Networked Learning and Teaching for International Work Integrated Learning

Networked Learning and Teaching for International Work Integrated Learning

Jennifer Martin
DOI: 10.4018/978-1-4666-3649-1.ch008
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This chapter explores the use of information communications technology (ICT) to support international work integrated learning to provide more understanding of Web-mediated communities. The findings of a study of ICT use by students enrolled in a student mobility course on campuses in Australia and Vietnam reveal that students used a range of university provided commercial software as well as freely available ICT services and tools, particularly social networking sites, during their studies. A major challenge for universities is to provide access to the latest technologies at a cost that is affordable to the institution and its students, which provides the necessary level of reliability, availability, accessibility, functionality, and security. An online central management system or base camp can assist students to navigate the complex technical, social, cultural, and knowledge building opportunities that work integrated learning abroad offers.
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Internationalising The Curriculum

Internationalising the curriculum is an important and strategic initiative of universities today. An internationalised curriculum has the potential to enrich the educational experiences of local and international students by providing a range of opportunities for study and cultural exchange. Caruana and Hanstock (2003) identify student mobility as a main international activity. Student mobility is supported in university-led study tours, student exchange and field education overseas.

The cognitive approach to teaching and learning is often used with student mobility issues, and was the approach used in the WIL projects discussed in this chapter. This approach to education was developed in the latter half of the 20th Century with an emphasis on the active processes learners use to solve problems and construct new knowledge. It is also known as problem based learning. The two main instructional architectures that are used with the cognitive approach are the ‘guided discovery’ and the ‘exploratory’ (McKay, 2008). The guided discovery architecture uses real world problems or scenarios to drive the learning process. Students typically access various sources of data to resolve problems with instructional support available to help them. While the exploratory architecture offers high levels of learner control. The instruction is designed to provide a rich set of learning resources that include: learning content; examples; demonstrations; and knowledge/skills building exercises; complete with the means to navigate these materials. Educational instructional architectures of this type are frequently used for online courseware (Anderson, 2008).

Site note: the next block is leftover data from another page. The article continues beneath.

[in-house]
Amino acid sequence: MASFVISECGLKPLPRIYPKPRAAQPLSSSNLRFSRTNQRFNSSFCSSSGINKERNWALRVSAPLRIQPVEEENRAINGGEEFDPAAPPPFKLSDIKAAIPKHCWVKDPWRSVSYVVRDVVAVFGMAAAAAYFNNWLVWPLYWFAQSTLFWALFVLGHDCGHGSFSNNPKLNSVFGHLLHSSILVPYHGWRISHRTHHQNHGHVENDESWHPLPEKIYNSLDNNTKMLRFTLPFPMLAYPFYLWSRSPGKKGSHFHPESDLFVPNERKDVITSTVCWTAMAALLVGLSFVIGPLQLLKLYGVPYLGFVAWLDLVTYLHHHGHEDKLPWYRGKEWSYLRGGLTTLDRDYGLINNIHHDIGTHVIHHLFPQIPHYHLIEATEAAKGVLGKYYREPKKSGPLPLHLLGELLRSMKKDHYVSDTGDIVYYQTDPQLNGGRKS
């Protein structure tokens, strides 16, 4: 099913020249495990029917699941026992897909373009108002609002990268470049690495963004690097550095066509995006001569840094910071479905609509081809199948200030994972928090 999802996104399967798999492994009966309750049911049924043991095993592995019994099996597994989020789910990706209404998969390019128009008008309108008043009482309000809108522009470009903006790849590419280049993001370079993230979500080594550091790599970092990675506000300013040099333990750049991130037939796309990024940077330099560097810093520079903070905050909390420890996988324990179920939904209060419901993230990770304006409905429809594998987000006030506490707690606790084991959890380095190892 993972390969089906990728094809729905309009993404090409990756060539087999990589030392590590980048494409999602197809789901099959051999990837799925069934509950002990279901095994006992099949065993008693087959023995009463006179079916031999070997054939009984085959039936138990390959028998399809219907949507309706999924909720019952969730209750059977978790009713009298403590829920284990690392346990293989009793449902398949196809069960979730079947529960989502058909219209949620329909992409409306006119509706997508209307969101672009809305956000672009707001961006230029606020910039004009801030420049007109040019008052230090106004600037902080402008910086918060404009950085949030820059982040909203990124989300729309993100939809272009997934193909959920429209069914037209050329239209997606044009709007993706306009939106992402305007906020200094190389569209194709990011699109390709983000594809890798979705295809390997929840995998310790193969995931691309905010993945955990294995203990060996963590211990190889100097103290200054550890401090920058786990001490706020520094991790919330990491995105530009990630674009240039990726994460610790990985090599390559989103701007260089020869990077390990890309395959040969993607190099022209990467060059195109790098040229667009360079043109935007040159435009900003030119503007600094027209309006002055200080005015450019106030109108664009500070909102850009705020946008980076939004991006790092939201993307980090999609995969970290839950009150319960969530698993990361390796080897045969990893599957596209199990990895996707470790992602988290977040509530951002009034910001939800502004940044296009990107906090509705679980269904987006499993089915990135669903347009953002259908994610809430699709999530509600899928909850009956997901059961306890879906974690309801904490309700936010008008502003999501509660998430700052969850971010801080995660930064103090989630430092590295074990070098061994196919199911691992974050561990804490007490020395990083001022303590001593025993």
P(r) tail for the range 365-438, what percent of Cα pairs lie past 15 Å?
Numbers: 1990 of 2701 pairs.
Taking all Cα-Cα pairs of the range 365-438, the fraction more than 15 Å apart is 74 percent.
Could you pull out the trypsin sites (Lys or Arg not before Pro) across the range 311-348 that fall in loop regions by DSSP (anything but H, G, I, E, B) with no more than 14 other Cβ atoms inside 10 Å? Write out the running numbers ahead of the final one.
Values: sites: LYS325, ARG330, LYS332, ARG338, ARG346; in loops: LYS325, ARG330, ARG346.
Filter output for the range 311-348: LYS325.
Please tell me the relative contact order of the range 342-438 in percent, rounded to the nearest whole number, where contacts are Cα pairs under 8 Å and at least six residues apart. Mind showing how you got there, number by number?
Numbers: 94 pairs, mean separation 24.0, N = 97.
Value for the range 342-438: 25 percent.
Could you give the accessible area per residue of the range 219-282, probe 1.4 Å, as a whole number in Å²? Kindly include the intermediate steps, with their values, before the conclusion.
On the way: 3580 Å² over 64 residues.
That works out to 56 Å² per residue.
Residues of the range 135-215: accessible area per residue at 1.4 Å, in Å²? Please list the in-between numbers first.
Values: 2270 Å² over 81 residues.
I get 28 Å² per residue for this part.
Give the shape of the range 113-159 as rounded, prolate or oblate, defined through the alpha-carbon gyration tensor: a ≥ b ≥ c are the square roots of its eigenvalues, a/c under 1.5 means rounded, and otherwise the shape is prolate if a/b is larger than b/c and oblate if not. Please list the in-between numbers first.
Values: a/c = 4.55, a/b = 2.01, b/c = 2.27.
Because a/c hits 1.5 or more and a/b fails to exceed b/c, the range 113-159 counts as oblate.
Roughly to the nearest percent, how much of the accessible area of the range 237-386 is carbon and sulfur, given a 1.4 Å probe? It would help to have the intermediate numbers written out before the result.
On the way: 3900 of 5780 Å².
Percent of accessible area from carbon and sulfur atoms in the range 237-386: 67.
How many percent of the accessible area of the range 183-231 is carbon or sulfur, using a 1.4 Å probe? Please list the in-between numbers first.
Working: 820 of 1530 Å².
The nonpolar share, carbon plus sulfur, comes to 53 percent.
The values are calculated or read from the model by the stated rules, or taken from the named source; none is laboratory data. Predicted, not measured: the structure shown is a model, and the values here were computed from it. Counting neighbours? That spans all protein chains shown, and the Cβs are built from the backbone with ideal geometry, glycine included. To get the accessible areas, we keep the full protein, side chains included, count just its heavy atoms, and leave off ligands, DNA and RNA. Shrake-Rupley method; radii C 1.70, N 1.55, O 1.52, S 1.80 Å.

Different approaches to teaching and learning create considerable challenges for mobility students with them often left to adapt to the new learning environment as part of the experience of studying in a different culture (Ward, Bochner & Furnham, 2001). Hofstede (1986) however contends however that, ‘”‘the burden of adaptation should be primarily on the teachers” and not the students (p. 301). Part of this adaptation includes the teacher taking responsibility for informing students of the approach taken to teaching and learning and how best to learn in this new environment. This involves recognition by the teacher of different levels and types of intellectual and social engagement, required by the student to participate effectively. Opportunities need to be provided to support and develop participation in a range of activities including listening, reading, speaking and writing (Northedge, 2003).

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